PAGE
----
6. Conclusions

We have reported the detection of the 3-cyano propargyl radical (CH2C3N) in the cold dark cloud TMC-1. A total of seven rotational transitions with several hyperfine components were observed in our Q-band TMC-1 survey. This radical is about ten times less abundant than the corresponding closed-shell molecule CH3C3N, in contrast to the case of the smaller analogues, where the radical CH2CN is three times more abundant than CH3CN. Comparison between the chemical routes of the radicals CH2CN and CH2C3N and the corresponding closed-shell species indicates that the formation routes to the radicals CH2CN and CH2C3N are completely dissimilar.


1

Q-band Ultrasensitive Inspection Journey to the Obscure TMC-1 Environment.

Acknowledgments

This research has been funded by ERC through grant ERC-2013-Syg-610256-NANOCOSMOS. Authors also thank Ministerio de Ciencia e Innovación for funding support through projects PID2019-106235GB-I00 and PID2019-107115GB-C21/AEI/10.13039/501100011033. M. A. thanks Ministerio de Ciencia e Innovación for grant RyC-2014-16277.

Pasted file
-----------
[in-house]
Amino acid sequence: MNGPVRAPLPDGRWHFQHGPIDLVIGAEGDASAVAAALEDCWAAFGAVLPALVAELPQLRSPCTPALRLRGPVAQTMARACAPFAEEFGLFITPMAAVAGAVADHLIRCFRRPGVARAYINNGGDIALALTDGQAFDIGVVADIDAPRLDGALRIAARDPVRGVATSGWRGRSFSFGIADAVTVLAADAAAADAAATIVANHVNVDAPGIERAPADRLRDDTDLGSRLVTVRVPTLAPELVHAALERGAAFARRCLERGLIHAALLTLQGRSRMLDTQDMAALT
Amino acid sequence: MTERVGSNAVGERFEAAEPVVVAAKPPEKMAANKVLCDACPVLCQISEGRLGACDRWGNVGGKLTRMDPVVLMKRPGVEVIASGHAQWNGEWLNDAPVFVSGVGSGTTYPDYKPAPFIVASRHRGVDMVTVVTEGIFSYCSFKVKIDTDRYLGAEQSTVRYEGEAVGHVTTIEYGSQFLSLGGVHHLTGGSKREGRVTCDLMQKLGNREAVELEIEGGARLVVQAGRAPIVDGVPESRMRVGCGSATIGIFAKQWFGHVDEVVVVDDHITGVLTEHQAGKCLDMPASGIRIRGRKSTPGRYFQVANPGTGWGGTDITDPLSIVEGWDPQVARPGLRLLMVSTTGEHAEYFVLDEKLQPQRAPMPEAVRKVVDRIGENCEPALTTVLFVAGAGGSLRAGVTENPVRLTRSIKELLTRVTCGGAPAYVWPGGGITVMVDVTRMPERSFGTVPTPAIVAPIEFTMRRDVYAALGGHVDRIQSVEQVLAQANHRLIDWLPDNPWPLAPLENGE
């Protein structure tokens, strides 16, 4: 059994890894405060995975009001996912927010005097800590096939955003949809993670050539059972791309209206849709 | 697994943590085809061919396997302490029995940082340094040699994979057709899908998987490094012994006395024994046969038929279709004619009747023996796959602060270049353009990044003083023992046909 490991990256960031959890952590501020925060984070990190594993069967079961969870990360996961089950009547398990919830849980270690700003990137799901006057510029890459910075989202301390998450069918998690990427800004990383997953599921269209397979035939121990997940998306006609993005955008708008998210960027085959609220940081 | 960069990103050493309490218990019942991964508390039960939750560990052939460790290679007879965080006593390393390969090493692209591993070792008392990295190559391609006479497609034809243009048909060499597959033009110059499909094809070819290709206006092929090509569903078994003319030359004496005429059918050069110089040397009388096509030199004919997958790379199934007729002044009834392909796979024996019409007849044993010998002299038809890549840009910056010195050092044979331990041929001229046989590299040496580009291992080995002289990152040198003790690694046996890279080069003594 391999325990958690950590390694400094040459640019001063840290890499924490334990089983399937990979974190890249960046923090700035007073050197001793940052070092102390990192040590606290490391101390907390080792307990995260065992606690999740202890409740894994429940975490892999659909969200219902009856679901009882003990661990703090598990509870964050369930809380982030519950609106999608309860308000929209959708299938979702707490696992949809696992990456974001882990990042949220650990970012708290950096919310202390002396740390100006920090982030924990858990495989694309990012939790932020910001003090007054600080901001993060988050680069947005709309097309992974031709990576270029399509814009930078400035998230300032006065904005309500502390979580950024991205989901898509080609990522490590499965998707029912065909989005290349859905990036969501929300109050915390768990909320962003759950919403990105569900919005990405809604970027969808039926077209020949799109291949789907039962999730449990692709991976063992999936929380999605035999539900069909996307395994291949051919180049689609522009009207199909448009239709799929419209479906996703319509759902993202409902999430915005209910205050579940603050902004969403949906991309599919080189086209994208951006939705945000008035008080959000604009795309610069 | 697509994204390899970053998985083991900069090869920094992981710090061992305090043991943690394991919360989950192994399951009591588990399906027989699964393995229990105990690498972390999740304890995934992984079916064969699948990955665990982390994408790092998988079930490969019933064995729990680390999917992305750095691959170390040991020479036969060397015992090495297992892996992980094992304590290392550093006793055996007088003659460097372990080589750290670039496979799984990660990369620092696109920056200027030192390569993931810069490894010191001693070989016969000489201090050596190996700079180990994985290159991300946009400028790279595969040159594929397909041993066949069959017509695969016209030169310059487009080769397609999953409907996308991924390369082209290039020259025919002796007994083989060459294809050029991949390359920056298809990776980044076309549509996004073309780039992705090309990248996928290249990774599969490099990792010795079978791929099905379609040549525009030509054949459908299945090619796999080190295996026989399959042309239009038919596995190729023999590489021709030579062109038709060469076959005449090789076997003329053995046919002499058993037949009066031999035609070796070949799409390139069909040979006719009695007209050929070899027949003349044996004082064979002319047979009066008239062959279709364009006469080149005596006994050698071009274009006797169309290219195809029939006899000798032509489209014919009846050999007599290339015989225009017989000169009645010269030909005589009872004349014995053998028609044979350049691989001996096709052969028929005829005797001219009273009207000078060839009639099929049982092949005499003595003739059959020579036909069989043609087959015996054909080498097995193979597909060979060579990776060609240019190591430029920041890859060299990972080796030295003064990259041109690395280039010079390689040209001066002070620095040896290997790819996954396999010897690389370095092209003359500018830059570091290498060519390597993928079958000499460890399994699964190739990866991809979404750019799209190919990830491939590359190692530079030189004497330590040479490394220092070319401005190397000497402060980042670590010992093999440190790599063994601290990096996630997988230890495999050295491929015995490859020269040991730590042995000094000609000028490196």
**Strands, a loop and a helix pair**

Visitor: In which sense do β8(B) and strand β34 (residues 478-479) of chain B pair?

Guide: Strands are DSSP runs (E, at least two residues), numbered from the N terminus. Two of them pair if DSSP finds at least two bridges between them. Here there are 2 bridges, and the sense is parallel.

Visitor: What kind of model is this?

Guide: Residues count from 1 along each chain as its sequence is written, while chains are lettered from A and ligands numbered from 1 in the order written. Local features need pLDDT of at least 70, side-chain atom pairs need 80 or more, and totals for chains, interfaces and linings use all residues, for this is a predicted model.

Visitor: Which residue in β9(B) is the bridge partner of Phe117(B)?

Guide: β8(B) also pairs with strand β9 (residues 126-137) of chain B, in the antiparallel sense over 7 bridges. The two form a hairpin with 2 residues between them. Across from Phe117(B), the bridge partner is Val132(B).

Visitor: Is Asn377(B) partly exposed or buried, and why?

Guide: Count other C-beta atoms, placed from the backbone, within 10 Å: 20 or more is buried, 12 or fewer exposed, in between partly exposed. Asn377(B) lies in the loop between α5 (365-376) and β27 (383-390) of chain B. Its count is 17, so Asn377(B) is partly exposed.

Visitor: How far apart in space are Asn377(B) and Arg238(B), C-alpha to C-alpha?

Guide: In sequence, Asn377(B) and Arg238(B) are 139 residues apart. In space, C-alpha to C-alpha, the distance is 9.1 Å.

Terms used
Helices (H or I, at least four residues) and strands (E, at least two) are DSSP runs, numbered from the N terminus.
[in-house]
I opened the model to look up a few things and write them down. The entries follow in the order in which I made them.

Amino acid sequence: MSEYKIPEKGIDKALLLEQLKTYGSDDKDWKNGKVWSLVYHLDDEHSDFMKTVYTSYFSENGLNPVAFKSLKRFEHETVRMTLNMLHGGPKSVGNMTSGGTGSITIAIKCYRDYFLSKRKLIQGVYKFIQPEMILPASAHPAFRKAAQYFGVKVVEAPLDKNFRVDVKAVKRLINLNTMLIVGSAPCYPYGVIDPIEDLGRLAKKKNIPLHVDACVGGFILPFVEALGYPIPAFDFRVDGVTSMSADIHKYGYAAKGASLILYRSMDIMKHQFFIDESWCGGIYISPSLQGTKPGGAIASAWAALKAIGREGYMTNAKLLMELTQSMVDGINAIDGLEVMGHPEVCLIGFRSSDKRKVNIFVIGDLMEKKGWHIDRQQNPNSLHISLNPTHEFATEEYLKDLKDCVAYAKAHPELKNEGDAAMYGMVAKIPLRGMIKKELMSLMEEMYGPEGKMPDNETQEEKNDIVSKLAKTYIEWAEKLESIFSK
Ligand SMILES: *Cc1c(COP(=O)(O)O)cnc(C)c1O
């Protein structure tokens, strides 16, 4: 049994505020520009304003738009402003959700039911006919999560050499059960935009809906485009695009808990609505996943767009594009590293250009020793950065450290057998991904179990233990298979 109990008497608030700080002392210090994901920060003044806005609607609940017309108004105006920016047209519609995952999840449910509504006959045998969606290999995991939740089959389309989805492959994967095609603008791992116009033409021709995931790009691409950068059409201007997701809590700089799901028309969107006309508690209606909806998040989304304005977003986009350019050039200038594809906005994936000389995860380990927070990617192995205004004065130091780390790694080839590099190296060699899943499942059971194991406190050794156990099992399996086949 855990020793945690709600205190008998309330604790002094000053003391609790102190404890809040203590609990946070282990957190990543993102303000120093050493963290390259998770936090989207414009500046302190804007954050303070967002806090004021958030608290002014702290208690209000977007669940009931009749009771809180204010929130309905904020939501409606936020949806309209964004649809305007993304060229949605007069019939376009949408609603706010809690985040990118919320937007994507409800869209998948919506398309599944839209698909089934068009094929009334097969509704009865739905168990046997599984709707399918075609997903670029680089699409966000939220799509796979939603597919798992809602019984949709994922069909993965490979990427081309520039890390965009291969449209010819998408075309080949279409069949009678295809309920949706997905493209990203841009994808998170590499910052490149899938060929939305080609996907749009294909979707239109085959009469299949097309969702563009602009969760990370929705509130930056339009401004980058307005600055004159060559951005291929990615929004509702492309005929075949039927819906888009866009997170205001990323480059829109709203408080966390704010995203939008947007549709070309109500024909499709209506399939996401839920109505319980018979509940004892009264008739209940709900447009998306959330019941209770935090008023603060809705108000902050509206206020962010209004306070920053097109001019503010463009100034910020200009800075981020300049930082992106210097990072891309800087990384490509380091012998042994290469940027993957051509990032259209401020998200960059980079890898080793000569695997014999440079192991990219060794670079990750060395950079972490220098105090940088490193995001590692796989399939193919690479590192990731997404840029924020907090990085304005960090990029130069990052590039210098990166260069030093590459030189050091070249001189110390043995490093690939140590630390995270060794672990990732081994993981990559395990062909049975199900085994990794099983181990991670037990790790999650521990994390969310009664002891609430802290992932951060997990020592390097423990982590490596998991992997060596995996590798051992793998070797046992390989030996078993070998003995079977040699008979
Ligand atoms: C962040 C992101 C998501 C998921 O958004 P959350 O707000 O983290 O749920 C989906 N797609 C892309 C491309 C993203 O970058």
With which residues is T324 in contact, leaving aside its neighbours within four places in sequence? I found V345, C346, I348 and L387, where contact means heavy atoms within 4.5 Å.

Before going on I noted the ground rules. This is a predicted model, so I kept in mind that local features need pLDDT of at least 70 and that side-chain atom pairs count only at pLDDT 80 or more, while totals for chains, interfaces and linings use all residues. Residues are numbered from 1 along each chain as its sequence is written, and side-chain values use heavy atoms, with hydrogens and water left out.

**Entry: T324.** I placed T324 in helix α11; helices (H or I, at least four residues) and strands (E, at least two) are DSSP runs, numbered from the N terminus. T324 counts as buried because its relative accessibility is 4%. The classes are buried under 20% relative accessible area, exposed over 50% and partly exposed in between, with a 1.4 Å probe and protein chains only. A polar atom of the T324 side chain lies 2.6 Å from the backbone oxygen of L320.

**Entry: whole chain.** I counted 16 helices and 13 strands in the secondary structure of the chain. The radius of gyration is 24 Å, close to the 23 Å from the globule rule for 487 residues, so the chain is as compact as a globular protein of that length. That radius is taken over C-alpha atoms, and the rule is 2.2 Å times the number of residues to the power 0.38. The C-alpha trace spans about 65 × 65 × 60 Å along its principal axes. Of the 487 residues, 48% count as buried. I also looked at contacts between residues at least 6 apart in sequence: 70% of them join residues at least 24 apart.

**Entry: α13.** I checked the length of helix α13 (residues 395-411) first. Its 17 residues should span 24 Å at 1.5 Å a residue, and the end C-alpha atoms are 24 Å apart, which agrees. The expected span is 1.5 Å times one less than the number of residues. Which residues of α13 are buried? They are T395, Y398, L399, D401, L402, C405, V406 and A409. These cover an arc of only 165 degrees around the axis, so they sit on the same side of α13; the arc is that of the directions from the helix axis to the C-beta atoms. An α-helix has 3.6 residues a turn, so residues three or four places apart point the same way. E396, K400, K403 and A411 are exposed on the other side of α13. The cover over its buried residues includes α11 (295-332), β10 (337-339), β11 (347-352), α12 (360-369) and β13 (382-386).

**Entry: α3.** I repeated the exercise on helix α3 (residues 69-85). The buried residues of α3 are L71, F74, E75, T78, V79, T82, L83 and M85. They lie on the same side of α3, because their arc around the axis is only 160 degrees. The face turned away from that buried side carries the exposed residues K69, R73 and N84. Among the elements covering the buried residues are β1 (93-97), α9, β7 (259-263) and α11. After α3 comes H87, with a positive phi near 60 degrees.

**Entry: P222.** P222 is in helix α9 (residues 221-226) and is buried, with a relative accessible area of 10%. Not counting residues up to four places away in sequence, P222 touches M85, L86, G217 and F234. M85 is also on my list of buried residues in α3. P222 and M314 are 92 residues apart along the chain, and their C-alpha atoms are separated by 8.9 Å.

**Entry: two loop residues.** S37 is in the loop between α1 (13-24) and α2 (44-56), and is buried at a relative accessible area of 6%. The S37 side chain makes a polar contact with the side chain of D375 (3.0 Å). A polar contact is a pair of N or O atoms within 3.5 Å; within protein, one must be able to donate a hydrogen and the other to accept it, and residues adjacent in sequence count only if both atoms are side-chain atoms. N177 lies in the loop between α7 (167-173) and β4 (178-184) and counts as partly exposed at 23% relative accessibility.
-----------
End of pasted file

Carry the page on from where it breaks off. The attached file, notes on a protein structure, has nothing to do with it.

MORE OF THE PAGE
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All Figures

thumbnail Fig. 1.

Molecular structure of the CH2C3N radical.

In the text
thumbnail Fig. 2.

Observed NKa,Kc = 80, 8–70, 7, 90, 9–80, 8, and 100, 10–90, 9 lines of ortho-CH2C3N in TMC-1 in the 31.0–50.4 GHz range. The most intense hyperfine components for each rotational transition are shown. The abscissa corresponds to the rest frequency, assuming a local standard of rest velocity of 5.83 km s−1. Blanked channels correspond to negative features produced in the folding of the frequency switching data. The ordinate is antenna temperature in millikelvins. Curves shown in red are the computed synthetic spectra.

In the text
thumbnail Fig. 3.

Observed rotational transitions of para-CH2C3N in TMC-1 in the 31.0–50.4 GHz range. The most intense hyperfine components for each rotational transition are shown. The abscissa corresponds to the rest frequency, assuming a local standard of rest velocity of 5.83 km s−1. The ordinate is antenna temperature in millikelvins. Curves shown in red are the computed synthetic spectra.

In the text
thumbnail Fig. 4.

Calculated fractional abundances of CH3C3N and CH2C3N as a function of time. The solid red line corresponds to the abundance of CH2C3N when the reaction N + C4H3 is neglected and the dashed red line to the case in which this reaction is included. Horizontal dotted lines correspond to the abundances observed in TMC-1.

In the text